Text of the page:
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Halloween Horror Binge: HBO’s ‘Lovecraft Country’

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Cat Abano
Cat Abanohttps://catherineabano.com/
Catherine Abano is a freelance content creator and a writer and editor for The Hub. She is dedicated to analyzing media representations of marginalized groups and how those representations affect larger beliefs.

HBO’s latest horror drama has proved to be a hit for the network, blending elements of H.P. Lovecraft’s horror with Jim Crow-era racism.

Originally based on the 2016 novel by Matt Ruff, Lovecraft Country is centered around Atticus Freeman, a Korean War veteran who has just arrived home to Chicago. Once there, he sets off to find his missing father, accompanied by his uncle George and Atticus’ old friend Letitia.

The series takes its cast on a dizzying journey filled with magic, monsters, ghosts, gore, and even some travel between time and space. At the same time, they are followed by the terrors of racism, including some key moments in Black history.

Now that the first season is over, it’s time to talk about its successes — and its failures.

One thing Lovecraft Country succeeds at is classic horror, with each episode bringing different themes to life. The eeriness from a twig snapping in a dark forest, suspense from supernatural occurrences in an old house, and genre-typical gore make it a fitting watch for the Halloween season.

Note: The following contains spoilers.

Another accomplishment comes in episode seven, “Meet Me In Daegu”, where we meet Ji-Ah, Atticus’ lover from his time in Korea. This episode in particular does an astonishing job of depicting American imperialism in Southeast Asia. It also addresses Atticus’ experience putting his life on the line for a country that would not do the same for him.

The series’ failures, however, are a bit more nuanced. The show tends to fall into a revenge-fantasy narrative and, at times, can perpetuate harmful stereotypes in its attempt to address more modern issues.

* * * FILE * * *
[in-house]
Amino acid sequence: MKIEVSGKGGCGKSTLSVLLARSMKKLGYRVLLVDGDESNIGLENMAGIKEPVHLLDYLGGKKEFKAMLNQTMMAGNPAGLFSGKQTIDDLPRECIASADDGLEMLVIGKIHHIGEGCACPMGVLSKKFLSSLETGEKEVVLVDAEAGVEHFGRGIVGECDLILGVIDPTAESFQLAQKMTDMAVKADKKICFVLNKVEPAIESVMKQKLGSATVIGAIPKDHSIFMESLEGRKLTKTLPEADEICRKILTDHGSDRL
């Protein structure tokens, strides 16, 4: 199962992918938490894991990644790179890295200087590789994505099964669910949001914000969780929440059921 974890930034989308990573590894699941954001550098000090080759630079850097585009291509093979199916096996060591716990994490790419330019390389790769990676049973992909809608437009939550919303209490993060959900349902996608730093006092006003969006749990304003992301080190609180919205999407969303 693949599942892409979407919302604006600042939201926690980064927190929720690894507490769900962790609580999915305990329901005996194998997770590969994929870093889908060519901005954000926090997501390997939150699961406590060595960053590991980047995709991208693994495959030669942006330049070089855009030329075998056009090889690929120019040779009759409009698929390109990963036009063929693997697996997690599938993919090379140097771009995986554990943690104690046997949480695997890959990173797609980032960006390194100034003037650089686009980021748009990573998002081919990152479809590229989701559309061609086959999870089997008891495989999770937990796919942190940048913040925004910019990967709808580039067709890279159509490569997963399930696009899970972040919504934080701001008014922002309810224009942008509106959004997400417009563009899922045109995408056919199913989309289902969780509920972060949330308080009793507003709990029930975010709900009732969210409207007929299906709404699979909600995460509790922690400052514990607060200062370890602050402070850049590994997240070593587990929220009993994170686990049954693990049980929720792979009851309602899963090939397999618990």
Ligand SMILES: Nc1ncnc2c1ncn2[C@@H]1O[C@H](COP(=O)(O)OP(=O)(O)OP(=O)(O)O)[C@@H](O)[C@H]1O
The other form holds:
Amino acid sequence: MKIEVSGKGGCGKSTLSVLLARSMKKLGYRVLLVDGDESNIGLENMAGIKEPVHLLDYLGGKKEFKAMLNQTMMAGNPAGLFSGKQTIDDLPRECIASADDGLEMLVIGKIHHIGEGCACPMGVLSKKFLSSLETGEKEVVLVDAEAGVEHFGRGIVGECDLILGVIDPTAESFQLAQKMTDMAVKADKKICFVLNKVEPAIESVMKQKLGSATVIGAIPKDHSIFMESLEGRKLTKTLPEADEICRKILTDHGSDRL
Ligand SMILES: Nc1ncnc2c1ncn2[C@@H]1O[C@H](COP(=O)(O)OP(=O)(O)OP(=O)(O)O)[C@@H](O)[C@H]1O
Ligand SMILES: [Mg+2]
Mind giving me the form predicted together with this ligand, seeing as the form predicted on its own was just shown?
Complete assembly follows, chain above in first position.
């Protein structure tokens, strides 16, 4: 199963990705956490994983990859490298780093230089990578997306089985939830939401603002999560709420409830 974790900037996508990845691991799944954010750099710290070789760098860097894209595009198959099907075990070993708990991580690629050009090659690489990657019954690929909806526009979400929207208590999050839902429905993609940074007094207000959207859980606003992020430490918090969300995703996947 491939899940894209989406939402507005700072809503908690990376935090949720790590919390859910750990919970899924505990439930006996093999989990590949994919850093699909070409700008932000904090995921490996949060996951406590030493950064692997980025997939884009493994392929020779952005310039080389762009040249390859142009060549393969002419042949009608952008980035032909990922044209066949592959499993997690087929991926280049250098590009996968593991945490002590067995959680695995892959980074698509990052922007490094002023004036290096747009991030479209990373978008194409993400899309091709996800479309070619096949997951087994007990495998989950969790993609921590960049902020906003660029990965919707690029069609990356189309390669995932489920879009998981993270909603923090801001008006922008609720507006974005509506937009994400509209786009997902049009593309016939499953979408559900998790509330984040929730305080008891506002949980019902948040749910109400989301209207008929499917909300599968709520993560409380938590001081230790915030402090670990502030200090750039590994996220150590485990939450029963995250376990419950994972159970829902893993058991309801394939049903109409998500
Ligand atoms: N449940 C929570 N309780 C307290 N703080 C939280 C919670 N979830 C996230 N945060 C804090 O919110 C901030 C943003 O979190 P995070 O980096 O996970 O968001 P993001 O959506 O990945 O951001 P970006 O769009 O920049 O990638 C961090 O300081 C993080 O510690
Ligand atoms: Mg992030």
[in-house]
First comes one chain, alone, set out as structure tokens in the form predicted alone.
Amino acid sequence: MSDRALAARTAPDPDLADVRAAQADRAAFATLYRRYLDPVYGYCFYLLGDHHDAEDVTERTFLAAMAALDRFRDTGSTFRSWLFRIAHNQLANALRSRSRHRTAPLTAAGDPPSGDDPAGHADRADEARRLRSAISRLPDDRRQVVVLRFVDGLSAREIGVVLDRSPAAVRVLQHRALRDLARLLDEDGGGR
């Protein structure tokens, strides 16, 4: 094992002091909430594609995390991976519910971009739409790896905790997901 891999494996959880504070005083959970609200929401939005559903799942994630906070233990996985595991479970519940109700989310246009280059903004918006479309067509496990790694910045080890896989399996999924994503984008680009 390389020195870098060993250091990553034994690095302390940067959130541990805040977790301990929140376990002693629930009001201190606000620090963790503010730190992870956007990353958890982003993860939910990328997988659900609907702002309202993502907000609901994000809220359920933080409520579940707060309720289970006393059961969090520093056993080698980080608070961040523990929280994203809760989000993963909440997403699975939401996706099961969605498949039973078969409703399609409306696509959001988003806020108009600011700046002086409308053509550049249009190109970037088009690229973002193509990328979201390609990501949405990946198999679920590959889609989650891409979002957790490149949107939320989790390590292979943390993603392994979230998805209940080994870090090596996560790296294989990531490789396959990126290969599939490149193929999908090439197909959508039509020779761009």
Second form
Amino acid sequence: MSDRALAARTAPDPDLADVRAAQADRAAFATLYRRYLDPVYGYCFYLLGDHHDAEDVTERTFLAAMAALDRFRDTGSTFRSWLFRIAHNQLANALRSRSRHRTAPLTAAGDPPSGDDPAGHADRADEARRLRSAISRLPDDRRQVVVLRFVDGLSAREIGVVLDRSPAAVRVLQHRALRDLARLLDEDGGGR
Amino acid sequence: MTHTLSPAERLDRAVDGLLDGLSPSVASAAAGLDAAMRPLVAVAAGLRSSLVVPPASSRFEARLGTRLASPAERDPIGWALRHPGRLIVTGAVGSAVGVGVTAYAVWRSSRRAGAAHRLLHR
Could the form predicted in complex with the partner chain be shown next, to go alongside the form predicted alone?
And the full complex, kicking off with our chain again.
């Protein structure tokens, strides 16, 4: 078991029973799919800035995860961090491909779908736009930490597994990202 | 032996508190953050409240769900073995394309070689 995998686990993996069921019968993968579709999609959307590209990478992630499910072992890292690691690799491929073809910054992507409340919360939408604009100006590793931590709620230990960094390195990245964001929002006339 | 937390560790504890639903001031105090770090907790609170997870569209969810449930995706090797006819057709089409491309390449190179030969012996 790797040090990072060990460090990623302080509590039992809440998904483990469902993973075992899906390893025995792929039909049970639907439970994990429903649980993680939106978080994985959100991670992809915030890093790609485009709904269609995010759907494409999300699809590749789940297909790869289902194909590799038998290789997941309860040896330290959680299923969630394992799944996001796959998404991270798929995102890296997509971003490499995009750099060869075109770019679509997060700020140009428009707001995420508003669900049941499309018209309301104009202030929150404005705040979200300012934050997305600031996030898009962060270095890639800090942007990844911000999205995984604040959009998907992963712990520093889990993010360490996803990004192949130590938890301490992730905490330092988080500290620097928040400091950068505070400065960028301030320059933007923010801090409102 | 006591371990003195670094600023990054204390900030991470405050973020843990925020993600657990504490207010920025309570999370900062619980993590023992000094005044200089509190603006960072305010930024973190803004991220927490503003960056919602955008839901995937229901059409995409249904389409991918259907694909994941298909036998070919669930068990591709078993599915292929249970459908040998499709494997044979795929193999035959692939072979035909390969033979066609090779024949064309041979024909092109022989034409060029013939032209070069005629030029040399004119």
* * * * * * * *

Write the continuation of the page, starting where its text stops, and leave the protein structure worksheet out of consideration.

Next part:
Atticus’ father, Montrose, is one example of this. The two characters have a rocky relationship, with Atticus having been on the receiving end of many beatings during his childhood. Montrose, a bitter, angry drunk, refuses to assist Atticus at almost every turn, going so far as to murder an indigenous intersex character. We later find out that Montrose’s issues stem from being a closeted gay man his entire life, but the show presents it as an excuse for his actions.

Leti’s sister, Ruby, is another character done wrong. While Leti, far lighter-skinned, is the show’s heroine, Ruby is the one who makes all the wrong decisions. She falls for a white man later revealed to be the series’ main antagonist, Christina Braithwhite. Their romance leaves much to be desired, as well as another set of unanswered questions.

While Lovecraft Country will do its job at getting you in the Halloween spirit, its lasting impression is not as stellar. Should the series be renewed for a second season, executive producer Jordan Peele has some improvement to do.

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